Share this post


Link to post
Share on other sites
3 hours ago, merci said:

Thanks! This is very helpful. For my masters project, I created a management plan for rental housing for a First Nations community that included extensive meeting facilitation. This then led into doing several more projects for the First Nation and working with Elders on the project. I suppose that my supervisor for the work could attest to my dedication to work for the community and desire to help and make a difference. 

Yes, probably a good choice. Especially since research supervisors generally can’t be used as an academic reference, and this supervisor may be able to provide a good reference.

Share this post


Link to post
Share on other sites
8 hours ago, RiderSx said:

The academic reference could only be provided by professors right? I never understood how a professor could speak about your abilities when all they know is you got an A+ in their class...

They can be provided by anyone who teaches an undergraduate level course, not just a ‘professor’.

But you’re right, they can’t usually say much. If you just take a class and never been to office hours for help or talked to the prof much about the course material, then typically the letter will contain a brief description of the class, your grade and rank in the class relative to the average, and often not much else. Sometimes the professor will talk to teaching assistants if it’s a project based course or one with significant TA interaction to get more feedback. Or if, for example, the course has writing assignments, they may look at how you scored on some of those to help comment on things like writing/communication skills. But not everyone even bothers to do that much.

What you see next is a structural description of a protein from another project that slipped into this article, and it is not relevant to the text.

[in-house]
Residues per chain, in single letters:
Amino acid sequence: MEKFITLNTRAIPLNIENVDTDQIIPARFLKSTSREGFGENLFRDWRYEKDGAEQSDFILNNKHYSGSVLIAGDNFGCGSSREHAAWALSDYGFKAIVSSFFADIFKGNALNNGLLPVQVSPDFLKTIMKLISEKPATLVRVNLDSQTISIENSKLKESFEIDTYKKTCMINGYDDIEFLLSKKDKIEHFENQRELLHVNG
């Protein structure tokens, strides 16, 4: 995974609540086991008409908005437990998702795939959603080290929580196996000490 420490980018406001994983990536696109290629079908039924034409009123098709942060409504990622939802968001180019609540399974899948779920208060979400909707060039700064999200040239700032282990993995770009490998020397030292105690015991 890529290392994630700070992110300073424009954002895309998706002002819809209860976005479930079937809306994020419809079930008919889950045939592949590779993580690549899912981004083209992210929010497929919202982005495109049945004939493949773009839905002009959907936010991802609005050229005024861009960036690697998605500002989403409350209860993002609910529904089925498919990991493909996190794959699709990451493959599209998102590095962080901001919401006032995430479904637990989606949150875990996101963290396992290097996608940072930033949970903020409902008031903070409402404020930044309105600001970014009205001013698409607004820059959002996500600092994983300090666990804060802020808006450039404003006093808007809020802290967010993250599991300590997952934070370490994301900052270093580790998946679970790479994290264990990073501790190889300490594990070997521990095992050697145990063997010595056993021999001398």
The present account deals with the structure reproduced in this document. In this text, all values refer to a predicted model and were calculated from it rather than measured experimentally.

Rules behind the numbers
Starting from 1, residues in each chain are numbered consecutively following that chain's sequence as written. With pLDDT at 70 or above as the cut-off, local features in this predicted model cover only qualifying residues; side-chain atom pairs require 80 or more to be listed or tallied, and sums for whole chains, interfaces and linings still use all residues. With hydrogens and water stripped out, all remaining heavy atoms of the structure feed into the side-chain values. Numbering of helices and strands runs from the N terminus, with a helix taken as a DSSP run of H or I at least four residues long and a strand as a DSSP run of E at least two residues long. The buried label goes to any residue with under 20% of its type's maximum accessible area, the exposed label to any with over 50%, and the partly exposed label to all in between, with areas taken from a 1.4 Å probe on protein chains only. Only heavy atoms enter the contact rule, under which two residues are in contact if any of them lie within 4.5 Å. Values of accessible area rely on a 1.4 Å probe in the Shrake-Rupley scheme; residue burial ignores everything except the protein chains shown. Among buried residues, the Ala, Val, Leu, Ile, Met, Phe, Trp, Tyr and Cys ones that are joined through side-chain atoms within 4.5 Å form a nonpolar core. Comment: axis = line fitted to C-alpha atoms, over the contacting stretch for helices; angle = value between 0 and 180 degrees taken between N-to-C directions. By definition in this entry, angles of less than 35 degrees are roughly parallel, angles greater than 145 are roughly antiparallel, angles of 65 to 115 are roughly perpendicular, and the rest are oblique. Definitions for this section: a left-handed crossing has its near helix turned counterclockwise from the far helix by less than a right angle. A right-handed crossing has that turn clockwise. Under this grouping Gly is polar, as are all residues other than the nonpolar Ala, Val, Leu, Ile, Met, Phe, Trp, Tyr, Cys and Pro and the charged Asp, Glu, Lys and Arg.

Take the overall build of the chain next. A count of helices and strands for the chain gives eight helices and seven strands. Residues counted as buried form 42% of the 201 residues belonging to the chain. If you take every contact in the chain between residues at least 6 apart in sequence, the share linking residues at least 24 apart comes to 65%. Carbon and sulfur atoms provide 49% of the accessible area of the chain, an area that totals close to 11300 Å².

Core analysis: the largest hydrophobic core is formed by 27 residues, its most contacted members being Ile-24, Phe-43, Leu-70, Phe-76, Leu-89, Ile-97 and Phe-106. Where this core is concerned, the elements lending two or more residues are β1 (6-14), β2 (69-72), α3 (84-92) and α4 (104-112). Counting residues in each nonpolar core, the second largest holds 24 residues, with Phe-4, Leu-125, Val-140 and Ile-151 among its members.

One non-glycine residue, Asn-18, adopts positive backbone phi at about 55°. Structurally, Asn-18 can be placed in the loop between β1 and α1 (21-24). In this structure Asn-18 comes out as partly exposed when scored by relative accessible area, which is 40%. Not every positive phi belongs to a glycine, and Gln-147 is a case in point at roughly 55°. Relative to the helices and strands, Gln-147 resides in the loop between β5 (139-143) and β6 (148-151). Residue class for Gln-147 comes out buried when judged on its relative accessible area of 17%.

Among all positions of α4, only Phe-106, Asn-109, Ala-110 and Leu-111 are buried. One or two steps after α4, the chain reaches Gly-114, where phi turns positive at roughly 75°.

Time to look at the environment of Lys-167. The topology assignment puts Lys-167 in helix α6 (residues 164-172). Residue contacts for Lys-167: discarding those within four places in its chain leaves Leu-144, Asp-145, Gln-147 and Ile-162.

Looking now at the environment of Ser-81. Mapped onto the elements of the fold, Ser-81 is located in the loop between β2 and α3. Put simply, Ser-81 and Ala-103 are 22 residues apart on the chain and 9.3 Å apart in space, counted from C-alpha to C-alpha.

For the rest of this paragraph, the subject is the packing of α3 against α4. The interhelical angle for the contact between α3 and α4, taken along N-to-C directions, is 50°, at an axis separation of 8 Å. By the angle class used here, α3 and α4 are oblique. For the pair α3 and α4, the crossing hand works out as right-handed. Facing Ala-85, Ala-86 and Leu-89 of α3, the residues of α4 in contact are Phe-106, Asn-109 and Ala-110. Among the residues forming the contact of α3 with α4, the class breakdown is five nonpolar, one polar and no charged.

Share this post


Link to post
Share on other sites

Join the conversation

You can post now and register later. If you have an account, sign in now to post with your account.

Guest
Reply to this topic...

×   Pasted as rich text.   Paste as plain text instead

  Only 75 emoji are allowed.

×   Your link has been automatically embedded.   Display as a link instead

×   Your previous content has been restored.   Clear editor

×   You cannot paste images directly. Upload or insert images from URL.

Loading...
Sign in to follow this  

×
×
  • Create New...